Thursday 16 July 2020, London The Guardian has released a fab ‘dance’ documentary about two black brothers on an estate in Hackney. There’s one scene in which two guys, one black, ine white, share a park bench. The action is all in their body language and the physical ‘gap’ they ‘unconsciously’ place between one other. Social distancing of another kind.

πŸ“Œ I started a new blog strand today. Artwork Archives is my chance to jibber-jabber about some of my old pictures. I started with Can Isaac, so I guess the next one should be Toulouse.  Or is that too repetitive? 

Top tip: doing places allows you to add the TRAVEL tag, which pulls in the viewers.

πŸ“ŒAt today’s Open Studio Zoom session, Kat brought along her pet, Mr Lizard, for us to draw. He is a He, she said.  He is anally incontinent in front of a camera. He eats rocket. He is a Bearded Dragon, originally from Australia. And most surprising of all, he is about the size of a small boot, not one of the tiny things you see scampering around your terrace while on holiday in a Mediterranean country.

And my version…

πŸ“Œ The sarcastic replies on Quora are always the best…

Is it safe to walk in Glasgow at night?

“Good heavens, no! Last time I was in Glasgow I wandered into a pub and the people were friendly enough – we even started buying rounds for one another: β€œBrilliant!” I thought. Then, several hours later I walked out onto the street, happy and unsuspecting, darkness had fallen during my time inside the pub and almost immediately

I was hit – without provocation – by a lamp post, standing aggressively on the pavement. A pcouple of passersby came over to offer me help and hailed a cab for me and it was just a fiver to be taken home, but no sooner had the cab pulled up in front of my house and I’d opened the door to get out when the top of the taxi door frame clobbered me in the forehead. I somehow managed to stagger to the door of the house and when I explained to my Glaswegian wife what had happened I didn’t get an ounce of sympathy – it was if what I’d experienced was just what was to be expected there!”

πŸ“Œ In Spooks, Adam brought a very dead Roz back to life with a single kiss. It was like the bath scene in Fatal Attraction, without the knife. Her eyes popped open as if even she was surprised she was still alive. Then she slipped away carrying a big red suitcase, right in front of all the mourners at her churchyard graveside. Never to be seen again, until the revival of Cold Feet.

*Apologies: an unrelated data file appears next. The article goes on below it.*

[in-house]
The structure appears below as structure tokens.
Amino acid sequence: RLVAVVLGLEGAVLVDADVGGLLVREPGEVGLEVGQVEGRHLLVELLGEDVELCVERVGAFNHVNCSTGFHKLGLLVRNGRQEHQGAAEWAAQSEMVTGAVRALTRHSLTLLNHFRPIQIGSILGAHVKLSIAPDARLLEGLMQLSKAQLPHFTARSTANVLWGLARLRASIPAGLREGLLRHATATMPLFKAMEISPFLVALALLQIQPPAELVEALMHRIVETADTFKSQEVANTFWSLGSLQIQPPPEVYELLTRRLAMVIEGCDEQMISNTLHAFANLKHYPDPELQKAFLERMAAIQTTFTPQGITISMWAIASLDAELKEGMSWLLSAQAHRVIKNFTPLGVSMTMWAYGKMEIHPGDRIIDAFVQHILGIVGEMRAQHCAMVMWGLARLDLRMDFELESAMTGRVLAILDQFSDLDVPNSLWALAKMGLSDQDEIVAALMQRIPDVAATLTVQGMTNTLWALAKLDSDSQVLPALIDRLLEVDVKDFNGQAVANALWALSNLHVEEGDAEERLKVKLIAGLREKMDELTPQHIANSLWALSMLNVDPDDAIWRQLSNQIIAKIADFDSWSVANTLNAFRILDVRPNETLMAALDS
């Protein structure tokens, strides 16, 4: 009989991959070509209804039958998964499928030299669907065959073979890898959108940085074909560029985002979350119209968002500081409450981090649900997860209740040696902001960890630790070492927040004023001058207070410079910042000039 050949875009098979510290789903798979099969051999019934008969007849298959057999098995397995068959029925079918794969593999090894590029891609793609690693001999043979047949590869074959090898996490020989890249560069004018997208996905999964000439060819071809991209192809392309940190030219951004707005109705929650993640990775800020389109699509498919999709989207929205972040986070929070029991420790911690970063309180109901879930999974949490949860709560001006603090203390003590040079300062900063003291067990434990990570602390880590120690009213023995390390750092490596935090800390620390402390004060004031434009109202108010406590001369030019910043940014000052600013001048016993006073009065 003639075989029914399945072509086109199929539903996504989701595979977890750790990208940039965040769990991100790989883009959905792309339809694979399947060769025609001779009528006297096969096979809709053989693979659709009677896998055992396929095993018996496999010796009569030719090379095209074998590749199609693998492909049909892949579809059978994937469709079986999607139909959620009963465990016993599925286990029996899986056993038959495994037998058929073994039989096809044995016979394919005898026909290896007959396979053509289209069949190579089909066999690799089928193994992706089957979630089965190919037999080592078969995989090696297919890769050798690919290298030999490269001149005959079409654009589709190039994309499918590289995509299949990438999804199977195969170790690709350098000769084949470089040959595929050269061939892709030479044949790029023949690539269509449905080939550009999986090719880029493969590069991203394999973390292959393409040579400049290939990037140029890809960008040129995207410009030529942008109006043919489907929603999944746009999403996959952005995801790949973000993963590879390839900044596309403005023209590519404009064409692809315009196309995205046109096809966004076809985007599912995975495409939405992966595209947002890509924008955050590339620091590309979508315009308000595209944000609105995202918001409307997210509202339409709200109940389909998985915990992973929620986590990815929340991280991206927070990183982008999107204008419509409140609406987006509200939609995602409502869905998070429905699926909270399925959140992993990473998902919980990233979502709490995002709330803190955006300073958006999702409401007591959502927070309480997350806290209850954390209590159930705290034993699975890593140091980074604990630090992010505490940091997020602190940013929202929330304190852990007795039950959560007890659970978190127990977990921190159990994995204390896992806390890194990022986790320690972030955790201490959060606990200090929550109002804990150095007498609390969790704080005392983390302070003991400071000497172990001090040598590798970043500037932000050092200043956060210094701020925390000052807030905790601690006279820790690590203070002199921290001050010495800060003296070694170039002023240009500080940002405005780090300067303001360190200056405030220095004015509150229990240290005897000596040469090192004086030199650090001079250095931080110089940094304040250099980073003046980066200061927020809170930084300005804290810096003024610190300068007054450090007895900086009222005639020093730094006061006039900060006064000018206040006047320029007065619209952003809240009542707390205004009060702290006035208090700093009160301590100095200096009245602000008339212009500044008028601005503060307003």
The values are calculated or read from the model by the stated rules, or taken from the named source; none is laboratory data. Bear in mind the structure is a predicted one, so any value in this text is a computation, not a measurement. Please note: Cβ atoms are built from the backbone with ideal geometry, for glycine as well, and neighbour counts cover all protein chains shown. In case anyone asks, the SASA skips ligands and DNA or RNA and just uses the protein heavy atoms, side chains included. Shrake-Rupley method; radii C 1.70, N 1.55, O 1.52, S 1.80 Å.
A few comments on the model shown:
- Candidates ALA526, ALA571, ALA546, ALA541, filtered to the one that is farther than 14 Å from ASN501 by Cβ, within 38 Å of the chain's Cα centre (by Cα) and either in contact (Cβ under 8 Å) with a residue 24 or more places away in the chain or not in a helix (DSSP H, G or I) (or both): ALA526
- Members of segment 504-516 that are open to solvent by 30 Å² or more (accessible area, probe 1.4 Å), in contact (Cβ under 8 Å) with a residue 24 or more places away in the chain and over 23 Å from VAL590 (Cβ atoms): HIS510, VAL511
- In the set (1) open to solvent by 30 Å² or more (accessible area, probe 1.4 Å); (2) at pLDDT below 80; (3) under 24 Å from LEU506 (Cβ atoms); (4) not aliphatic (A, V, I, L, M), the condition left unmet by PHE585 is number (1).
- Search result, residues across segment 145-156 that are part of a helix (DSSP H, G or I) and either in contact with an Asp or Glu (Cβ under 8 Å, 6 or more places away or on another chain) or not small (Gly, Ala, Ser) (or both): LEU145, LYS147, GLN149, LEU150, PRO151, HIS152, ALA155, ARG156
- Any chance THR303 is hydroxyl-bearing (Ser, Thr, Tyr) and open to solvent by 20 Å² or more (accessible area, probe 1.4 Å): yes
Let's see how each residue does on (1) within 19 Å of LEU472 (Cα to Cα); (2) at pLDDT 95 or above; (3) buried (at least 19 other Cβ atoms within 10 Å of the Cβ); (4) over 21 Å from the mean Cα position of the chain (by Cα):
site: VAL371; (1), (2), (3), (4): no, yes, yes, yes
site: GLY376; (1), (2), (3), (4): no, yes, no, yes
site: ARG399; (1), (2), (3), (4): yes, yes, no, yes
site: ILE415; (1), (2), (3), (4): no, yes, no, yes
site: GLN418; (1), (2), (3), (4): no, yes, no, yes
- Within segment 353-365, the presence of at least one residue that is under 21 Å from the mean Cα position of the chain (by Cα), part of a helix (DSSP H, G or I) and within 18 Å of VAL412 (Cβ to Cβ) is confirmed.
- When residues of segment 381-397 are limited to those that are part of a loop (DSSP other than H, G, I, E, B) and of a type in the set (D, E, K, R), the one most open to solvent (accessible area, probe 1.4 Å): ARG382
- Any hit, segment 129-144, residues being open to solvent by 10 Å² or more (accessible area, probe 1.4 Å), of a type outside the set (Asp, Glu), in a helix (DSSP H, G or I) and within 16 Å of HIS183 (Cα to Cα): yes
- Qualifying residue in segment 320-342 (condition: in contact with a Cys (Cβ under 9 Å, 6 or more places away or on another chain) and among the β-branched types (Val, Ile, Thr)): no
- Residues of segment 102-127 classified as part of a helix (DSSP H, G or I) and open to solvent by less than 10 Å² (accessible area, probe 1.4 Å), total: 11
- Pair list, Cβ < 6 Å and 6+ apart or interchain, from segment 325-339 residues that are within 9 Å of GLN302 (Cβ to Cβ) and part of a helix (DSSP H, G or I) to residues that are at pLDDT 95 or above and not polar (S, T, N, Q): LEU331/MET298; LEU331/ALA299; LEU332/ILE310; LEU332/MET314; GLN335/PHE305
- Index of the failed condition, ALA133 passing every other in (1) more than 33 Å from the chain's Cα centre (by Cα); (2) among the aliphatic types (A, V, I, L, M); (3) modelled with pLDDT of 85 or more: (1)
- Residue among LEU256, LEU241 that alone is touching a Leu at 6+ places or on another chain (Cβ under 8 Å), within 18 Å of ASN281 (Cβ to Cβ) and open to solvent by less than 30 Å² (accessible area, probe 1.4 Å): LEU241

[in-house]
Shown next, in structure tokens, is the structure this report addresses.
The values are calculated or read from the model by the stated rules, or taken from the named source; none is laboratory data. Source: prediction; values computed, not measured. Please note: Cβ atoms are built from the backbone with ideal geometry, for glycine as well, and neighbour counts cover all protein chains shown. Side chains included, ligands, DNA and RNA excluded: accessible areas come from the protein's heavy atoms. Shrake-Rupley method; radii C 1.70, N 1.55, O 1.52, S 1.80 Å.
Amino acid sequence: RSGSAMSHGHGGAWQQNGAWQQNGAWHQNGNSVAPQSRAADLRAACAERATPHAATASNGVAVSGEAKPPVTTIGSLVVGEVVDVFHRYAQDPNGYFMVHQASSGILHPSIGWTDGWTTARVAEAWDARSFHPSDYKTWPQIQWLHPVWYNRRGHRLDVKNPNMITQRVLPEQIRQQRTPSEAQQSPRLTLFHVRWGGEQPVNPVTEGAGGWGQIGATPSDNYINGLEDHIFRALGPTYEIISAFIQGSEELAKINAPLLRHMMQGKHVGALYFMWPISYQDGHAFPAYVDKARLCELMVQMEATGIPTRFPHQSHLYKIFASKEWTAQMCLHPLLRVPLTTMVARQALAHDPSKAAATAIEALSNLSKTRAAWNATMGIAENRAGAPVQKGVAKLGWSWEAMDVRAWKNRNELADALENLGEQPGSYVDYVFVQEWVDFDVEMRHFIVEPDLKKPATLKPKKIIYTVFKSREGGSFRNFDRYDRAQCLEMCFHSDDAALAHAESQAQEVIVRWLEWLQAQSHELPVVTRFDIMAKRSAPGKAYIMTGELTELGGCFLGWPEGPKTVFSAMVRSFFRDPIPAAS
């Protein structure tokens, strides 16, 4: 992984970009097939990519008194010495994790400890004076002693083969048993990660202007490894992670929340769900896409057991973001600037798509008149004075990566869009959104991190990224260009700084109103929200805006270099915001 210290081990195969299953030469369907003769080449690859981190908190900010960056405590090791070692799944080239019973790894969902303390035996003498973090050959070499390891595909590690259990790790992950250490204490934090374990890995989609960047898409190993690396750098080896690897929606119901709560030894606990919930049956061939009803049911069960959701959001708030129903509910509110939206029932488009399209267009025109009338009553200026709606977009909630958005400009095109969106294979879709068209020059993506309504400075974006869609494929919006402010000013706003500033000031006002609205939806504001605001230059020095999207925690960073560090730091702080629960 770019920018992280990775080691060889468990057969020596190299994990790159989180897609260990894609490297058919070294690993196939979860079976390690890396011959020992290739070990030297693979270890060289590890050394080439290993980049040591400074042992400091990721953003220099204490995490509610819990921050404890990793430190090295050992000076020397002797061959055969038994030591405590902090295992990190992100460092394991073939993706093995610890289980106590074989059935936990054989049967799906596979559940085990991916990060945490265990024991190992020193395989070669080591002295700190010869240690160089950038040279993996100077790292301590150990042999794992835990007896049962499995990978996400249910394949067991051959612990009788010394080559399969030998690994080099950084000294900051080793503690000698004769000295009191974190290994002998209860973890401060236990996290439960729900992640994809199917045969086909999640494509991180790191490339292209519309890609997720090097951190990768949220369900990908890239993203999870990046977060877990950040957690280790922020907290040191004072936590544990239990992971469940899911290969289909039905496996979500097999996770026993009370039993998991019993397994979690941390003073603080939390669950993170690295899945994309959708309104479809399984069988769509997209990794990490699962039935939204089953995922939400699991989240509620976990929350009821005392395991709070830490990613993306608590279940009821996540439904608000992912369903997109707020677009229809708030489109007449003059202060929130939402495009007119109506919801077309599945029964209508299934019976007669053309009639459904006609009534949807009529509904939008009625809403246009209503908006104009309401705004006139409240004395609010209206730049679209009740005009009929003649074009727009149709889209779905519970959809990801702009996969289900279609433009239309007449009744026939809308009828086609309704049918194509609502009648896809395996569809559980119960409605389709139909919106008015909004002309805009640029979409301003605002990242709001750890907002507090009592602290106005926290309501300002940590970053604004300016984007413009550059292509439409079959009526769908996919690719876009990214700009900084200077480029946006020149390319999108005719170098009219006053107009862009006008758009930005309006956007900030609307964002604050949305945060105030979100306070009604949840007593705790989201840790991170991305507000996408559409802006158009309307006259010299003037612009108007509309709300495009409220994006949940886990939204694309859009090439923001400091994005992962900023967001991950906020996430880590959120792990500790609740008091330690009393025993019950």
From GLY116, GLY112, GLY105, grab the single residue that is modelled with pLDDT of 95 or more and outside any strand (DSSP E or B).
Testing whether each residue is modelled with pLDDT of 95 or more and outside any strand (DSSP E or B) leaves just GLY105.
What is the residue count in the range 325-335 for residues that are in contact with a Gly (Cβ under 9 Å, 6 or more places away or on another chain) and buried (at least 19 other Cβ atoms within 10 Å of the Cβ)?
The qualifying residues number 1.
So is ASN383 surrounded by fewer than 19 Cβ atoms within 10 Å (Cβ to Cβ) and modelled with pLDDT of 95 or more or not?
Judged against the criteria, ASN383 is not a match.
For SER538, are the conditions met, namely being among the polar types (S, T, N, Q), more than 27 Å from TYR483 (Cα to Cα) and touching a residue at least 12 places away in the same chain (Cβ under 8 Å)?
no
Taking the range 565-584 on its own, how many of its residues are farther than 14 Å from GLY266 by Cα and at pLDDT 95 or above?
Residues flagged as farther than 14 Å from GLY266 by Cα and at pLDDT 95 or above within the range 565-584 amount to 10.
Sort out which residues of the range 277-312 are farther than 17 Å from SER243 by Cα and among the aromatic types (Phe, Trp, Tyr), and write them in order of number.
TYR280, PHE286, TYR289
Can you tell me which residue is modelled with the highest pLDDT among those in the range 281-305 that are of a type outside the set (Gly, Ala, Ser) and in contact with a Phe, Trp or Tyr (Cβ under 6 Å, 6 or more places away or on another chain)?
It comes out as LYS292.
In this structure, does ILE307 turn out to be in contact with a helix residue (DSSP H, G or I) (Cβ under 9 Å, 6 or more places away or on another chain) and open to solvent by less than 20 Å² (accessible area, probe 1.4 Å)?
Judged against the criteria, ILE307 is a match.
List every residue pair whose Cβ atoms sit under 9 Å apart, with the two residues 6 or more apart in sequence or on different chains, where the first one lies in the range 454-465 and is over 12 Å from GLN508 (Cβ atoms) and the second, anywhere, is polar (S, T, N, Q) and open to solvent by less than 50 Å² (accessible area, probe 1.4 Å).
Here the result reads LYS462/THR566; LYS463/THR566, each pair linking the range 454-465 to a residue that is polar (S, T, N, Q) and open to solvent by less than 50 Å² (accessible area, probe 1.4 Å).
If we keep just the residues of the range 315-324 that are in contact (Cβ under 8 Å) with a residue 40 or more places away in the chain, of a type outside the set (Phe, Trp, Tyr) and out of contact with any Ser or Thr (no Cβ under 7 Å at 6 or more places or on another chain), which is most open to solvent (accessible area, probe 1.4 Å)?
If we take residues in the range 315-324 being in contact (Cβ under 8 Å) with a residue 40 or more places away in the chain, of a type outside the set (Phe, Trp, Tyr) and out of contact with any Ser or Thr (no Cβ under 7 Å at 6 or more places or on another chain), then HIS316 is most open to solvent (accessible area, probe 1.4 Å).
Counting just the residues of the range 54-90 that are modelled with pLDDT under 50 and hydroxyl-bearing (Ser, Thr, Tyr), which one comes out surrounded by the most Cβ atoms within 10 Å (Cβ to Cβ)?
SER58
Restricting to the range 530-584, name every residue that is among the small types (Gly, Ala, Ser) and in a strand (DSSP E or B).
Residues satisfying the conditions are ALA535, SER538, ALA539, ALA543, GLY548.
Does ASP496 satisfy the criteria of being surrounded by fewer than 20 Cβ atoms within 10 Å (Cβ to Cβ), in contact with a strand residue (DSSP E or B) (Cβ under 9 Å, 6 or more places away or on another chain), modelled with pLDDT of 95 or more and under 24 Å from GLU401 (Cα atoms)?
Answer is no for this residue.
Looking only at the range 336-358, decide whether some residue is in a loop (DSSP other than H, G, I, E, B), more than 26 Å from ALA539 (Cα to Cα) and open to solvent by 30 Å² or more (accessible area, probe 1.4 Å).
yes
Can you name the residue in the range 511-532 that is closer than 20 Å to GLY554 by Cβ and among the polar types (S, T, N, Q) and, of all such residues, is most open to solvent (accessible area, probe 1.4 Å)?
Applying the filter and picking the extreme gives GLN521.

Friday 17 July 2020, London There’s a bit in The Conversation saying public transport is badder for the environment than cars.

“When running at normal capacity, public transport is more environmentally friendly than travelling by car. But under social distancing conditions, and assuming that any unfilled seats correspond to a commuter driving to work instead, diesel-powered public transport produces more C0β‚‚ emissions per passenger than a small car.”

πŸ“Œ An article by Simon Jenkins about an Iraq-war documentary came with a fabulous Ben Jennings illustration.

πŸ“ŒOverlooked in the big push to β€œget back to normal” are people with pre-existing health conditions who will be forever compromised by the threat of the virus until a safe vaccine has been developed and made available to all.

πŸ“Œ In Spooks, whenever an actor leaves the series, their character does, too. But the women spooks all disappear with a new identity, but the men get killed off.

πŸ“Œ Stuttering progress continues on the latest stitchwork project.

Saturday 18 July 2020 Patsy recently posted a warning in the Baggers WhatsApp group about dodgy courgette seeds.

This unfortunate situation escalated to another seed supplier and with a seemingly drastic outcome.

πŸ“Œ Got lost in a walk around the City. I headed first to Bunhill Fields burial ground.

Then along Moorgate to Finsbury Circus, where my orientation went on the blink. I exited, thinking I knew where I was and ended up at the wrong end of London Wall in front of the Gherkin. Only just got back to the Barbican in time for our first in-the-flesh Saturday  Breakfast Club meeting in 4 months. Gill is madly enthusiastic about Blade Runner. 

πŸ“ŒIf the City of London Corporation had any real interest in the Arts it would employ Theatre Deli in Broadgate to act as a laboratory for the council’s much-vaunted Culture Mile project.

πŸ“Œ Maybe she should be blonde.

Sunday 19 July 2020, London Annie Nightingale was on the radio news saying that she knew about John & Yoko’s relationship before the rest of the Beatles.

πŸ“Œ Nick Cohen in the Observer is talking about how nasty Boris can get if you piss him off. “Conservative politicians talk about Johnson with a venom few socialists can match. It’s not that he’s a criminal like Putin, they say. He doesn’t have the balls to be truly evil. Rather, he is a pathetically insecure narcissist who turns on you if you don’t feed his craving for applause.”

πŸ“Œ To Parsons Green where d depressingly we found a majority with the view that the government has done OK with the pandemic.  We also witnessed two sisters comparing the number of marriage proposals they’d each had.

πŸ“Œ Stuart and I have been sharing a great enthusiasm for Lulu’s To Sir With Love.

Monday 20 July 2020, London Protest outside offices on Bunhill Row opposite the Wetherspoons. BA recently announced it was to retire its entire fleet of 747 Jumbo Jets.

πŸ“Œ I sent a shot of an article I wrote decades to James Brown.